Economic vs. non-economic: What's the difference?
Published 29 Oct 2018
When a person sustains injuries as a result of someone else's negligent behaviour, their ability to work and live can be compromised to a significant degree. This may result in high medical and treatment costs, as well as other out-of-pocket expenses.
In NSW, under the Civil Liability Act 2002, those in this position may be entitled to compensation to cover both economic and non-economic losses.
But what's the difference between these two damages?
The Civil Liability Act 2002: An overview
In NSW, the common law of negligence is held under the Civil Liability Act 2002. In order to establish negligence, the plaintiff must prove that the defendant:
- Owed the plaintiff a duty of care.
- Breached that duty of care.
- Significant injury was caused as a result.
On top of this, the court must determine whether:
- The risk was foreseeable.
- The risk was not insignificant.
- A reasonable person in the same position would have taken the same precautions.
Once established, the court will then consider the damages for economic and non-economic losses.
What are economic losses?
The term 'economic loss' refers to the financial impact of a person's injuries - both in the past and future.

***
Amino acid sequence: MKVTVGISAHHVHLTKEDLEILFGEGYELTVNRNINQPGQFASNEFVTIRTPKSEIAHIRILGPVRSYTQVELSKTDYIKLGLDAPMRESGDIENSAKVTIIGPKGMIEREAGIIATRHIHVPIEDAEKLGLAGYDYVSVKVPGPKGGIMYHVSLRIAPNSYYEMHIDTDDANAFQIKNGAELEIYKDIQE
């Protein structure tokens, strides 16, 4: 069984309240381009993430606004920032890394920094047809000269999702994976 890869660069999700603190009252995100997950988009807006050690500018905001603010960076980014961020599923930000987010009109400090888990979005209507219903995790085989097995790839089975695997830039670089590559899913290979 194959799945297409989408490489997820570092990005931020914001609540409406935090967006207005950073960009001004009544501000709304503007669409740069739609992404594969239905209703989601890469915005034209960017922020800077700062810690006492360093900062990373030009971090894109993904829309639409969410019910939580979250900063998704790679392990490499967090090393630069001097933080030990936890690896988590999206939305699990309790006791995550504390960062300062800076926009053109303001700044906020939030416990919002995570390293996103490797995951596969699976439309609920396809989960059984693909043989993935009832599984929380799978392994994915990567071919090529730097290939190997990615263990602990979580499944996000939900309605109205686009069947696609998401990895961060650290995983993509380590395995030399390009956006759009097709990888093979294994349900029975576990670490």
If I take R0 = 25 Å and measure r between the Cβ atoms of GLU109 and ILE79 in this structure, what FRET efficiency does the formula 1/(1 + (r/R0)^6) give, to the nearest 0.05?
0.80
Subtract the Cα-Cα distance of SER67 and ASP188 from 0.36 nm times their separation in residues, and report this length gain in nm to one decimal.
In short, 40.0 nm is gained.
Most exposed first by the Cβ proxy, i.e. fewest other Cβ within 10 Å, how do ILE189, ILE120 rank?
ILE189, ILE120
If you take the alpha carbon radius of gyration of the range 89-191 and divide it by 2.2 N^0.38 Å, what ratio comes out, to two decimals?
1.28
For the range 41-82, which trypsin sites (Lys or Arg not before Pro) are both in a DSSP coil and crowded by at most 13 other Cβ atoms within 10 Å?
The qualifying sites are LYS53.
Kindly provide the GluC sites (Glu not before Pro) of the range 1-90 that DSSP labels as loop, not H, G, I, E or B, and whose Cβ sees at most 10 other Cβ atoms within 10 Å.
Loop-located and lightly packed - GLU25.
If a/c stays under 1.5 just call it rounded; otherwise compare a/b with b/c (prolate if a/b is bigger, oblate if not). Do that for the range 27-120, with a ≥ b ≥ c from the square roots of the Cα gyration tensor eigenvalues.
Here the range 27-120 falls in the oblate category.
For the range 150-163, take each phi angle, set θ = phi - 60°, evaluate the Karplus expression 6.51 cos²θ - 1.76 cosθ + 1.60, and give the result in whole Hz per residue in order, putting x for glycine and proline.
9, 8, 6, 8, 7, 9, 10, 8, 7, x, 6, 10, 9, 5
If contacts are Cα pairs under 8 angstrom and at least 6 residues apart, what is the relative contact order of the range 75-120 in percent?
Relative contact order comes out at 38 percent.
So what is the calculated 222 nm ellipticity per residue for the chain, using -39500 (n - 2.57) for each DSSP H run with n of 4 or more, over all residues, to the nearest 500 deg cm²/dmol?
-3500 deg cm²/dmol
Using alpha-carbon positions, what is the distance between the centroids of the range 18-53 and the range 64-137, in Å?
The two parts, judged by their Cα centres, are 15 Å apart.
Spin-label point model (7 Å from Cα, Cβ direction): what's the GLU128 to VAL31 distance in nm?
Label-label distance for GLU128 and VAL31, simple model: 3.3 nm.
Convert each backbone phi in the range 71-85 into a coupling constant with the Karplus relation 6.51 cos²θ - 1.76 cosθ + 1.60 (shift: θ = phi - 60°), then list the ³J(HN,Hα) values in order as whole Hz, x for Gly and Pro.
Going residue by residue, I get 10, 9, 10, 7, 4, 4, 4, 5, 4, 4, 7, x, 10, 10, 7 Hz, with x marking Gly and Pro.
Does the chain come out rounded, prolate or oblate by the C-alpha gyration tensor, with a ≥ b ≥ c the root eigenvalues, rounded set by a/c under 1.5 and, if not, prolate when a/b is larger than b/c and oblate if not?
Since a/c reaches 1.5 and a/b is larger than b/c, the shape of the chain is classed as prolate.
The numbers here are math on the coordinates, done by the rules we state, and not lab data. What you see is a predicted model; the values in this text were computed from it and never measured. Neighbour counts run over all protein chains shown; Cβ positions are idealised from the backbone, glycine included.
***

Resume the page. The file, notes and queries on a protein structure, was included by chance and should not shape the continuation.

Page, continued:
Successful claimants may receive compensation for:
- Lost earnings.
- Medical and treatment expenses,
- Other out-of-pocket expenses.
When calculating total rewards for past expenses, a court must consider various medical receipts and invoices. However, it's a lot trickier to calculate future economic loss. This is because a legal team on both the plaintiff's and defendant's side will have to accurately predict how much financial support and care will be required for the future. A judge will then consider both submissions.
What are non-economic losses?
Calculating non-economic losses are a lot harder as they are damages that are unquantifiable - they cannot be added up using receipts and medical bills. They refer to:
- Pain and suffering.
- Emotional distress.
- Loss of expectation of life and disfigurement.
Damages for non-economic loss are not awarded unless the severity of the non-economic loss stands at 15 per cent.
Within the Act, damages for non-economic loss are determined in accordance with a table that compares a person's injuries against that of a most extreme case. A person is then awarded a sum based on a proportion of the maximum amount.
The maximum amount of damages for such costs is $350,000, but this is only rewarded in the most extreme cases.
If you've sustained injuries as a result of someone else's negligent behaviour, you may be eligible for compensation. Get in touch with the team at Malouf Solicitors today to see how we can help.
Please call us on 02 8833 2000 to speak with a lawyer
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